I am that rare species: someone who smoked for 2 decades then gave up for good (8 years ago) but who has not because an anti-smoking fascist. That is because I am tolerant and open-minded. Having said that, I think no smoking on trains and theatres etc is a good thing, just because of the smell (oh how I wish they’d ban disgusting women’s hairspray and perfume too – and people who eat stinking food in workplaces like oranges or spicy concoctions!)

  • Henry Hill

    I think the big problem here is that it’s nearly impossible to predict how social trends would develop post ban.

    Consider this: a century ago, cigarettes were illegal in more than 20 US states and the public-health authoritarians of the age were gearing up for an even greater prize: prohibition. The people who passed the Eighteenth Amendment were targeting a socially acceptable, socially expensive substance, hoping to deprive it of the former to solve the latter. They undoubtedly felt their cause had an historical inevitability to it, too. But prohibition would collapse and the golden age of tobacco was yet to dawn.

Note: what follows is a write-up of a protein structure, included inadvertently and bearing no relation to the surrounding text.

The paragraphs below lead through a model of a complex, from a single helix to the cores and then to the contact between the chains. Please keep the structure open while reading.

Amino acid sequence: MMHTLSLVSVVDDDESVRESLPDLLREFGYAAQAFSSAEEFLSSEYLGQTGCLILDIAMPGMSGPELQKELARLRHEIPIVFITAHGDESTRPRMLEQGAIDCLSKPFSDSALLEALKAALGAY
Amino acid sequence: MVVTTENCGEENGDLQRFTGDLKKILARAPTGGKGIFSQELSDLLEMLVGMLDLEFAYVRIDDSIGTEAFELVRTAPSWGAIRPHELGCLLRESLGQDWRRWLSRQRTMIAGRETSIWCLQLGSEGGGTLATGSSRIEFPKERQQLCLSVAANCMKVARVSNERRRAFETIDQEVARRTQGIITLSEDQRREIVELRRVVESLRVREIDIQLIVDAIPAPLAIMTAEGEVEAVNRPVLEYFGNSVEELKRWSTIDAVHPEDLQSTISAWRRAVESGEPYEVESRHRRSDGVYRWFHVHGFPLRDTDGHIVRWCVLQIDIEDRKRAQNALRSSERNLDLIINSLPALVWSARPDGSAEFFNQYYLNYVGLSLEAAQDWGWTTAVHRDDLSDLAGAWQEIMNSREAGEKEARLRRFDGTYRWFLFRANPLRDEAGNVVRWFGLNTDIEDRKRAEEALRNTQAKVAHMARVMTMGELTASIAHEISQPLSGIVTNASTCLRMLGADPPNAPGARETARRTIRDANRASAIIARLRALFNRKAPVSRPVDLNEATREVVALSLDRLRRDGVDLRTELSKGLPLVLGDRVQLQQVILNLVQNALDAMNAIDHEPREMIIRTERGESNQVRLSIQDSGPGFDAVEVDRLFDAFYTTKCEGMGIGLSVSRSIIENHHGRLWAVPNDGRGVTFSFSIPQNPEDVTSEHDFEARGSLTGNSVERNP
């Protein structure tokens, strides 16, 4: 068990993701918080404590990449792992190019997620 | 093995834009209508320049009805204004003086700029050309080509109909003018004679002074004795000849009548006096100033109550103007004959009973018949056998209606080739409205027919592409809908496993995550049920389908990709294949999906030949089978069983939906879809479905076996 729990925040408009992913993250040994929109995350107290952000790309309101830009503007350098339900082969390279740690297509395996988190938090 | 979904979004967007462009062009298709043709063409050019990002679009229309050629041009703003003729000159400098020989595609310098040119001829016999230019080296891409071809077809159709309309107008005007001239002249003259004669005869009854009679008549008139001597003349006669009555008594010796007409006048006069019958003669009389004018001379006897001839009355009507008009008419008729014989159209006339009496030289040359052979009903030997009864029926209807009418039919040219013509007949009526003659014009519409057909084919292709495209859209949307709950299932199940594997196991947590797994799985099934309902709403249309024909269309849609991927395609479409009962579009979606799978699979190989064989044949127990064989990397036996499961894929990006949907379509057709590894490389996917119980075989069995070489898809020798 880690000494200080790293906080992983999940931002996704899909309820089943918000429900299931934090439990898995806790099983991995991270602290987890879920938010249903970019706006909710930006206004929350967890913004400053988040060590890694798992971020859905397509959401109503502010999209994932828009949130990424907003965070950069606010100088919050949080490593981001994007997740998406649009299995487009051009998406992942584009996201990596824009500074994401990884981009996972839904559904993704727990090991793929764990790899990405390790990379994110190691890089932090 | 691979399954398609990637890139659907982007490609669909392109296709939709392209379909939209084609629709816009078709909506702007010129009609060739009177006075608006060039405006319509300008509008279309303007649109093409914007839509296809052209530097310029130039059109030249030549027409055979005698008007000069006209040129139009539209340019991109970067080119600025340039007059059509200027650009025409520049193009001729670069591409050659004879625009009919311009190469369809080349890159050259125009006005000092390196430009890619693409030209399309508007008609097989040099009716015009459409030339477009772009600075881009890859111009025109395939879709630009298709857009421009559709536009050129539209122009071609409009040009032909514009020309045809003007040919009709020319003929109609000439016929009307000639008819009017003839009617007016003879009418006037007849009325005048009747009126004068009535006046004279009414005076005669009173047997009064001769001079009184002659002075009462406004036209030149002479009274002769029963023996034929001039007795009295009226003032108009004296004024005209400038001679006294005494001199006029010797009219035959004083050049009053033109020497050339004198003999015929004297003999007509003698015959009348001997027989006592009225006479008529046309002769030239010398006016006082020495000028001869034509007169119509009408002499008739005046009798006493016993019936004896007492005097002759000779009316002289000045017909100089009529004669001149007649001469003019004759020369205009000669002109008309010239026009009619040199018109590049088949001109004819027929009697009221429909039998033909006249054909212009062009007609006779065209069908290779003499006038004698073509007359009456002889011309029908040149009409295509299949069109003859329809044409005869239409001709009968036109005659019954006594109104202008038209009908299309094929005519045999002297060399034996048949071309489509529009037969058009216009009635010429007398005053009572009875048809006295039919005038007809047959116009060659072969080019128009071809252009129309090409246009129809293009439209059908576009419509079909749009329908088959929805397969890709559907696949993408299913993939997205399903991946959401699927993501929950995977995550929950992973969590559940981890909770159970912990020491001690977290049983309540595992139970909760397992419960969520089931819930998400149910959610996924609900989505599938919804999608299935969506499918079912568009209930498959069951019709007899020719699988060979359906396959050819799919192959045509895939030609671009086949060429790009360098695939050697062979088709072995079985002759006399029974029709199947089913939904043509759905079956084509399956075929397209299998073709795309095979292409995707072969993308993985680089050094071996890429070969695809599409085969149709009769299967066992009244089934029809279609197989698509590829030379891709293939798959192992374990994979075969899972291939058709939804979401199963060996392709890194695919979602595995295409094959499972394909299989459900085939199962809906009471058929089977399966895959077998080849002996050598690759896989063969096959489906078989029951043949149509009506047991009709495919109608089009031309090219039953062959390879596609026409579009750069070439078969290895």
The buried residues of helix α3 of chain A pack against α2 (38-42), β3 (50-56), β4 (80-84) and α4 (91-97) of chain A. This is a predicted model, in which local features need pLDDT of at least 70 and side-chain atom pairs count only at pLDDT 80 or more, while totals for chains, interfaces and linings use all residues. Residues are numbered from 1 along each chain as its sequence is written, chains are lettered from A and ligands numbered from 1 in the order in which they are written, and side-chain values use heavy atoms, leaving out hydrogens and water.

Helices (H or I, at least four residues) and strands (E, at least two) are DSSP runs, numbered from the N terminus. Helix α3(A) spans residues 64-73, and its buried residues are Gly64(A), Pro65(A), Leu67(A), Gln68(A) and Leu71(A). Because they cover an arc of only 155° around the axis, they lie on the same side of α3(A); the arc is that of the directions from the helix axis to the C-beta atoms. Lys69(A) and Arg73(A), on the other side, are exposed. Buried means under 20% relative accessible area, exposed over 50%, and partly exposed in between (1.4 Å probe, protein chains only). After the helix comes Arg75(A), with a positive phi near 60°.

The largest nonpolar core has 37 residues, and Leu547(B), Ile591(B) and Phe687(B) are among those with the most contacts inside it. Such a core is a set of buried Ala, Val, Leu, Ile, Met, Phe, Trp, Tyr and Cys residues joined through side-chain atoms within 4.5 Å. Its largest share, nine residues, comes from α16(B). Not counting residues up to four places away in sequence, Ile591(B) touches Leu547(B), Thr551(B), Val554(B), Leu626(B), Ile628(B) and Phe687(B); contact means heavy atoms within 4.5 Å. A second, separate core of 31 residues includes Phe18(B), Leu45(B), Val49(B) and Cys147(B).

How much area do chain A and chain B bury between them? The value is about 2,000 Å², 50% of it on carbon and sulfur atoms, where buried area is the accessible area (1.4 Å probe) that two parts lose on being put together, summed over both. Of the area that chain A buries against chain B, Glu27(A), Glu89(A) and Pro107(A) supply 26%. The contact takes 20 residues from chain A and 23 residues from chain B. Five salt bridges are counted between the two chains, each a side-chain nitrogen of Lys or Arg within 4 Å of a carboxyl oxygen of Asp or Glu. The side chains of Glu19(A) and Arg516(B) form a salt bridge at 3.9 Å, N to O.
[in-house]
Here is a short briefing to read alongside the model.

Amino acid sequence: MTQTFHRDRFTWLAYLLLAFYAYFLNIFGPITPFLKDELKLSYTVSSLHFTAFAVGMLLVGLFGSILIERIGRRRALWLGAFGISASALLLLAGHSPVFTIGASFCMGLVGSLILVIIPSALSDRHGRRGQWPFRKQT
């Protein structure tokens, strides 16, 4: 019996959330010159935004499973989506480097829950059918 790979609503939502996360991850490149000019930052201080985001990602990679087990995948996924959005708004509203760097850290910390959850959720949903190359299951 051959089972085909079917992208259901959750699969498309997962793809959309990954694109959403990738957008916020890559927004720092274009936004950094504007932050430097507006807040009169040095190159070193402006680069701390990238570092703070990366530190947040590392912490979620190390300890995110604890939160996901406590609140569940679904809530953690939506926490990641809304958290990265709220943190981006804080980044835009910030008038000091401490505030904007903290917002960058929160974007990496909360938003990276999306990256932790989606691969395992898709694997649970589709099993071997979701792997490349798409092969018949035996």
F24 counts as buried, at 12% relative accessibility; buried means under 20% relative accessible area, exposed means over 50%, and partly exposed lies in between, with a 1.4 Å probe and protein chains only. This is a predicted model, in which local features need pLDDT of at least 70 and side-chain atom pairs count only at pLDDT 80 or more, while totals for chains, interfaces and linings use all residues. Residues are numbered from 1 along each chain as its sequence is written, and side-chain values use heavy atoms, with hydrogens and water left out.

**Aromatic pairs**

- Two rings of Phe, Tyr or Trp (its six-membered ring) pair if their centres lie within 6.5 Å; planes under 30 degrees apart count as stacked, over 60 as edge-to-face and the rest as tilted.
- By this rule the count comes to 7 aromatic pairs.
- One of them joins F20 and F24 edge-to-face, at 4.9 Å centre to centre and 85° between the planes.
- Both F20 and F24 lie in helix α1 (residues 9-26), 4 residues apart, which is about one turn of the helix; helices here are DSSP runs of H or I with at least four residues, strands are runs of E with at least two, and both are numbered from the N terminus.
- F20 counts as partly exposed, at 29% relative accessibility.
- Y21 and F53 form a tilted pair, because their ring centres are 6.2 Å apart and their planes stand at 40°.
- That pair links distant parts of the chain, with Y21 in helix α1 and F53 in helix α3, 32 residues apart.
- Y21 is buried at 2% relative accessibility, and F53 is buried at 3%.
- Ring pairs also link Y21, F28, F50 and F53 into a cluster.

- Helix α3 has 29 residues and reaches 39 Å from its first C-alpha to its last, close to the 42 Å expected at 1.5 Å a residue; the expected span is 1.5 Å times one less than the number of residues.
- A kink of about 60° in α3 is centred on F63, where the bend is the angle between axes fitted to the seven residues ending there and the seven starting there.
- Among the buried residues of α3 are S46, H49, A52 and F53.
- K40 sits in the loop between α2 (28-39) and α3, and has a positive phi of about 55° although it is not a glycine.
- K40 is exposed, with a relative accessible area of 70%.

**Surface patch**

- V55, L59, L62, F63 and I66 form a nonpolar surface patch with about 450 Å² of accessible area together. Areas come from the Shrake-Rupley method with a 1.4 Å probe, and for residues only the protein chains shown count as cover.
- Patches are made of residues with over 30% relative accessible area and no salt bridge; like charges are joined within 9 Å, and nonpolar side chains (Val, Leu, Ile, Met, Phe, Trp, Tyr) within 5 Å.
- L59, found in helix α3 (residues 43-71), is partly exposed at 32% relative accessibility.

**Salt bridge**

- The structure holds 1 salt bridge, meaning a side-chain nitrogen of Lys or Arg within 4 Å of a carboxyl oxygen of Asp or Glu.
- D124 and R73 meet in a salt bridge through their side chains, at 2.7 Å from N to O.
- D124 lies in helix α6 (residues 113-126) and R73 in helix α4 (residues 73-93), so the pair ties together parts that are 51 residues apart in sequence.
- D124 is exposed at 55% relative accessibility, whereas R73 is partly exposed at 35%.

In short, puritanism is not a gradually rising historical trend. It fluctuates over time, and the confident pronouncements of people about the permanence of their cultural norms nearly always look faintly absurd to posterity.

    The short-term effects of repeal would undoubtedly be fairly minor – but there is no reason to suspect they would stay that way. A society without the prohibition on consuming and advertising tobacco is a society whose attitudes on tobacco are going to shift.

    It might be generational in its timeframe – the organic evolution of the behaviour of free people is, inevitably, much slower than the handbrake turns of government bans – but there’s no reason to think society’s current attitude toward tobacco is permanent. This is especially true when you consider that our stance on other substances is growing increasingly liberal.

    Future generations could well look back on the turn of the third millenium as a repressive, socially judgemental period of history, as remote to their experience as the gangster-ridden Twenties are to ours.

  • Freedom

    And then there’s French, moeurs: manners, or morals, or both.